Jacob Kingston asks judge to halt $10 million debt collection case while he faces criminal charges

SALT LAKE CITY — Washakie Renewable Energy CEO Jacob Kingston is asking a federal judge to halt a multi-million dollar debt collection case against him.

It comes just after he was arrested on an indictment accusing him of taking more than a half-billion in reusable fuel tax credits.

Jacob Kingston, the CEO of Washakie Renewable Energy, leaves court with his lawyers on August 7, 2018. (Image by Manuel Rodriguez, FOX 13 News)

FOX 13 first reported earlier this month Kingston was being taken to court by a supplier to Washakie Renewable Energy, accused of shifting $10 million to a bank in Turkey to avoid paying LifeTree Trading. The Singapore-based LifeTree Trading claims it contracted with Washakie to provide biofuel resources that were never collected, costing it millions and it’s now trying to collect a $32 million judgment in New York.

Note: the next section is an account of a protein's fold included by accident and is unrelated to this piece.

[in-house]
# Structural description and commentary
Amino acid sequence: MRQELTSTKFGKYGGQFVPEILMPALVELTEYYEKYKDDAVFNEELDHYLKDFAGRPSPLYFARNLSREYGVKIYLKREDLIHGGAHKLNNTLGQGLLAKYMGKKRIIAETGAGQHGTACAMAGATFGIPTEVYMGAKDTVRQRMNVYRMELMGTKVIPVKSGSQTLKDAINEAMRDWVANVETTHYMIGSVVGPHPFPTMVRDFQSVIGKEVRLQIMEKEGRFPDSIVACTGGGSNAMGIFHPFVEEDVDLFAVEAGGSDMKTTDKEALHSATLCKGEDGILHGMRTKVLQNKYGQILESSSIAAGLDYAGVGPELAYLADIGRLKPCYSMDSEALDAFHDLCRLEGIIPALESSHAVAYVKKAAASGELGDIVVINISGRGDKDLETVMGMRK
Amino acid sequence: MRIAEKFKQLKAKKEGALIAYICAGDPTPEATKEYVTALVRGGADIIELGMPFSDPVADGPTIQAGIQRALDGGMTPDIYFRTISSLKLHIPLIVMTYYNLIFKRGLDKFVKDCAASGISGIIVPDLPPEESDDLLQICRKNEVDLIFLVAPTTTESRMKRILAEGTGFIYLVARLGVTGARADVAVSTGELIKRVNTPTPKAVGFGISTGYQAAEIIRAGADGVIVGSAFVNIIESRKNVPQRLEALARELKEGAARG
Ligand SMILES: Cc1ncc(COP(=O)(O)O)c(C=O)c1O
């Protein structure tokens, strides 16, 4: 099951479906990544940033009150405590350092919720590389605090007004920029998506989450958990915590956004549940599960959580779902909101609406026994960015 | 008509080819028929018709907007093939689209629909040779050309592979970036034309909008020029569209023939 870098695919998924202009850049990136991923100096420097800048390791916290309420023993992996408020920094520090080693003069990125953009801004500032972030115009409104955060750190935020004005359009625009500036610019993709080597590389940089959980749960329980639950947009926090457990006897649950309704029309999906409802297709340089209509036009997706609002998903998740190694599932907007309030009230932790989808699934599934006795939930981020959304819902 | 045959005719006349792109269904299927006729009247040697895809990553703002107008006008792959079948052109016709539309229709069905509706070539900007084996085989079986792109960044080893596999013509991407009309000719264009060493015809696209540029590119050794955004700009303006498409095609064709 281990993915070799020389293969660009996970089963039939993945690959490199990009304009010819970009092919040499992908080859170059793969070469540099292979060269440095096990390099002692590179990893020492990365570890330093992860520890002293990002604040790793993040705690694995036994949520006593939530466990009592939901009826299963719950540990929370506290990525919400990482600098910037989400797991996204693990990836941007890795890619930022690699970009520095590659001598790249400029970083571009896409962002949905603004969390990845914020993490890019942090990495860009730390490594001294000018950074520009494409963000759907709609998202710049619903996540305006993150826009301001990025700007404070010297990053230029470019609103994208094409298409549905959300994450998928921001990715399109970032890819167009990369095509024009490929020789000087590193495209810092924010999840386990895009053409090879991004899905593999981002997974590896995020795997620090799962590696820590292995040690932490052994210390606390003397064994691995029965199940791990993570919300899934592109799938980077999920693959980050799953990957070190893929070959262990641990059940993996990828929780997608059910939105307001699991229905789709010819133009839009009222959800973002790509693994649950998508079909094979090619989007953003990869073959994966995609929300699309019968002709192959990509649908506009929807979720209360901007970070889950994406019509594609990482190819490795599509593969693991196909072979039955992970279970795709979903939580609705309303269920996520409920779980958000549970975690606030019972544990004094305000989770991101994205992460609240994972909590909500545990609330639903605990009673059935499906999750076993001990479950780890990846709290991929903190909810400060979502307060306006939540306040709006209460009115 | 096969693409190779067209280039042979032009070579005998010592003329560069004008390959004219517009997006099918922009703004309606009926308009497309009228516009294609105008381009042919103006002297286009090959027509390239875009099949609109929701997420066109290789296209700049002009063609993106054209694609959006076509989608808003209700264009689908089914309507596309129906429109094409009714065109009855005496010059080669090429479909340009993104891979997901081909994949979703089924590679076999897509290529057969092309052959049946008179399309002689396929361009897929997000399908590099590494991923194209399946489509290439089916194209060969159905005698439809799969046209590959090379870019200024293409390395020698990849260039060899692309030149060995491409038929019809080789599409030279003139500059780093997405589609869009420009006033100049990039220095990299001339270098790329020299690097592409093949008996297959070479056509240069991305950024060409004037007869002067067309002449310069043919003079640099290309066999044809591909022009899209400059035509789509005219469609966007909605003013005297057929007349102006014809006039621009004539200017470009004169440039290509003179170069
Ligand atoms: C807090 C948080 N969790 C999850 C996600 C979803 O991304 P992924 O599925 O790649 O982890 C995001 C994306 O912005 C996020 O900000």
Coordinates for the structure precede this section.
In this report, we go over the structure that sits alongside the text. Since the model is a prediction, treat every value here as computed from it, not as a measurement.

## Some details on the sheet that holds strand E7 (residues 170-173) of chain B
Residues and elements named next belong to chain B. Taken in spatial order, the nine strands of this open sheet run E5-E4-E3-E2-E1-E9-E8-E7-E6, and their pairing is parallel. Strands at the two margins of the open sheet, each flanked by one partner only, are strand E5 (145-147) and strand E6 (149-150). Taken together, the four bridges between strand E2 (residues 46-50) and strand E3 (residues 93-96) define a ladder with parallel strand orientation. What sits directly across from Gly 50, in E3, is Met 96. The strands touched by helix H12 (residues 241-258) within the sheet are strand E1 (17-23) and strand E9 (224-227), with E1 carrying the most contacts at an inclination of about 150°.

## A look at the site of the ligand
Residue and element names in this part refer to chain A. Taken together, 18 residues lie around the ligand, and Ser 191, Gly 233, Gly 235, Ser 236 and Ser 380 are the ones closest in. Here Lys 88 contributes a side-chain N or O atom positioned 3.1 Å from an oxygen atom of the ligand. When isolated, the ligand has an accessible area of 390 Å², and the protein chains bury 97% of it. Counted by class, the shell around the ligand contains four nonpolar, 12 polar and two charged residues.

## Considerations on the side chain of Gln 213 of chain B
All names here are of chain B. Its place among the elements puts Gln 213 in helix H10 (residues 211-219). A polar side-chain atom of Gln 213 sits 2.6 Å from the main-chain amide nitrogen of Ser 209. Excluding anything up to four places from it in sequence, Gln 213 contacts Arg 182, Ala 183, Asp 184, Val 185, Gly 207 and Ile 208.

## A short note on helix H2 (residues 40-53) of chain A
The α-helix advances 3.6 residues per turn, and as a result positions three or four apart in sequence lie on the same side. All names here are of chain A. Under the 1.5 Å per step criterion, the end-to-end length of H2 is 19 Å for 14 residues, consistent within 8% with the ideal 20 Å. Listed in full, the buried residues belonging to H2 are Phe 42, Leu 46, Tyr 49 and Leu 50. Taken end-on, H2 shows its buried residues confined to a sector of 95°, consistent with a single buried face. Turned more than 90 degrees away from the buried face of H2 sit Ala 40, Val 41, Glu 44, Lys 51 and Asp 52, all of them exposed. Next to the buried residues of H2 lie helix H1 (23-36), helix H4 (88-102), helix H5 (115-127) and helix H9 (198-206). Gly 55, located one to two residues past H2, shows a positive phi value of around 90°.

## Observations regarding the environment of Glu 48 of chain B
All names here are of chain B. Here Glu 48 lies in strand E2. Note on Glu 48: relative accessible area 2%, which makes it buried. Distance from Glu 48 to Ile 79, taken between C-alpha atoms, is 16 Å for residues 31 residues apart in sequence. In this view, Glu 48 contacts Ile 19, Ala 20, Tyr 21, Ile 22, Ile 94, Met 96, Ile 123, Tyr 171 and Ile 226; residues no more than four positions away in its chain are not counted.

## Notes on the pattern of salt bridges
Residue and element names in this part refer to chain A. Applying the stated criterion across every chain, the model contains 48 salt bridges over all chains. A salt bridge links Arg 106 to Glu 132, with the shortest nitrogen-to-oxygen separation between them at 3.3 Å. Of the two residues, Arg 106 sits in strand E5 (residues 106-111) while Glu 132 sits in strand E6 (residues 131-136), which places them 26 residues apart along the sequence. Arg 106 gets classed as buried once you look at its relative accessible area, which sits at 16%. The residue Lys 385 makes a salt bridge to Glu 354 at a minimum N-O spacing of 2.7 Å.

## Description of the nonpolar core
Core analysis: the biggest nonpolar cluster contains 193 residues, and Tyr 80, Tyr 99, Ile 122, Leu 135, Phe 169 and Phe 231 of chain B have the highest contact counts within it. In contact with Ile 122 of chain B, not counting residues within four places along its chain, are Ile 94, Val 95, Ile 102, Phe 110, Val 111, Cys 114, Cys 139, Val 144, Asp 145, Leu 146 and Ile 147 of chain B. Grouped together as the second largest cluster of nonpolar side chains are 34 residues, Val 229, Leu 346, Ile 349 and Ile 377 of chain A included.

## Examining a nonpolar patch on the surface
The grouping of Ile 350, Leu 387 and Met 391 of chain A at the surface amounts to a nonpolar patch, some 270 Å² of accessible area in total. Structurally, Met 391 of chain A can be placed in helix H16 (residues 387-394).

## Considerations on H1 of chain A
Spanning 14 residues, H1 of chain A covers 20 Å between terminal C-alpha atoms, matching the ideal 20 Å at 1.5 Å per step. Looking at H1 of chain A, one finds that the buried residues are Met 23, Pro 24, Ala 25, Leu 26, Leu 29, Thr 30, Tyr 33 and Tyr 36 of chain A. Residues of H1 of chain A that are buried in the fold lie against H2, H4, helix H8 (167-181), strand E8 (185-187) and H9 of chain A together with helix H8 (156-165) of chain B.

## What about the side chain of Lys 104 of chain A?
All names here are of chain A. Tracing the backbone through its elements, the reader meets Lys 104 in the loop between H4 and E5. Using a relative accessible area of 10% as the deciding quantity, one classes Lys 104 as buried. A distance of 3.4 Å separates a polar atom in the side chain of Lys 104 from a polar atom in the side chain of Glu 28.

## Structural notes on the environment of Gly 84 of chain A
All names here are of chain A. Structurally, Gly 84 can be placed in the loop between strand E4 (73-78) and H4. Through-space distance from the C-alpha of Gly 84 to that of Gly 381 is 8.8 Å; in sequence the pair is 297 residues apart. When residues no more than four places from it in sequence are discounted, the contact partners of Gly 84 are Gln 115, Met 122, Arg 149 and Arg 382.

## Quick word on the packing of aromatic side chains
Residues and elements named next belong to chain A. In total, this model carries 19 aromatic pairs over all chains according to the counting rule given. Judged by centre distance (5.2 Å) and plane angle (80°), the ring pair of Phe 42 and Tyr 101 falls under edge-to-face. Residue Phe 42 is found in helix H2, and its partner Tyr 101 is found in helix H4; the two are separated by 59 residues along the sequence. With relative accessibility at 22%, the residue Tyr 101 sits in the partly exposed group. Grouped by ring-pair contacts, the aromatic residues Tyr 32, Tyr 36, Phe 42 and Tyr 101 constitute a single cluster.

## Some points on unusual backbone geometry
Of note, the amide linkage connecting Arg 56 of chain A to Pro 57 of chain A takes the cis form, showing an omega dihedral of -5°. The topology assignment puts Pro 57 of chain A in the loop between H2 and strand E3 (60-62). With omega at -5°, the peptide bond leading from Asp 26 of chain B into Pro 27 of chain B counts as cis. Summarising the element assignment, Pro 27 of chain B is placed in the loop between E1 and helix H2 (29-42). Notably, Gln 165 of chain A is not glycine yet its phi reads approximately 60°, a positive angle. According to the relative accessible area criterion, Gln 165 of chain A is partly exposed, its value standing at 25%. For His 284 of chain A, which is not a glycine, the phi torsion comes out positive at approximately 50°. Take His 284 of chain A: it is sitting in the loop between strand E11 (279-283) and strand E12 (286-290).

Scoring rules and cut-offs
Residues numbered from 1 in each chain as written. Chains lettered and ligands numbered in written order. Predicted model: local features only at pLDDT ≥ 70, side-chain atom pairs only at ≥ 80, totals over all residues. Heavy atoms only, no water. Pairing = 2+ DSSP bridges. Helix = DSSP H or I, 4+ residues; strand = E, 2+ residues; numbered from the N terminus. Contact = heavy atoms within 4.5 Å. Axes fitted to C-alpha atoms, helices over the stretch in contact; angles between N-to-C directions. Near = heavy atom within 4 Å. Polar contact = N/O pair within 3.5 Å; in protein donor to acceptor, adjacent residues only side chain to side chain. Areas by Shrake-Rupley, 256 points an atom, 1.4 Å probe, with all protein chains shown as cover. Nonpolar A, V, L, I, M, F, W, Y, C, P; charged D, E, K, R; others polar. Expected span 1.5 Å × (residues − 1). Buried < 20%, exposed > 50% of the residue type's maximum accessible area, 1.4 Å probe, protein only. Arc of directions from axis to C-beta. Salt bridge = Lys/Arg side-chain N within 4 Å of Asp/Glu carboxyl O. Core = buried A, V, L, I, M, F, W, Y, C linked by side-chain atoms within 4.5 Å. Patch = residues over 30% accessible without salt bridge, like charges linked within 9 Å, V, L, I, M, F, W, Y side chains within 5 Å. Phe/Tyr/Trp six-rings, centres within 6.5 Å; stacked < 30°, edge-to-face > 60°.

Kingston declined to comment to FOX 13 outside that court hearing, but his lawyer denied the accusations.

In a court filing hours ahead of Kingston’s appearance on criminal charges on Wednesday, his attorney Gabriel White asked for LifeTree’s lawsuit to be put on hold pending the criminal case.

“This Motion is made because a stay of this civil action is necessary to protect Defendant’s Fifth Amendment rights in connection with the above-referenced criminal proceeding, which arises from the same underlying facts as this civil action. Defendant will be greatly prejudiced by his inability to meaningfully defend himself in this civil action if forced to proceed prior to resolution of Defendant’s criminal case,” White wrote.

The U.S. Department of Justice indicted Kingston and his brother, Isaiah, accusing them of fraud in connection with $511 million in tax credits from the IRS. At a hearing Wednesday, prosecutors claimed the men were a flight risk and alleged they wired $134 million to a bank in Turkey.

Prosecutors claim Jacob Kingston was arrested last week en route to Salt Lake City International Airport where he was destined to fly to Turkey.

Read about the Kingston brothers’ court appearance in the criminal case here.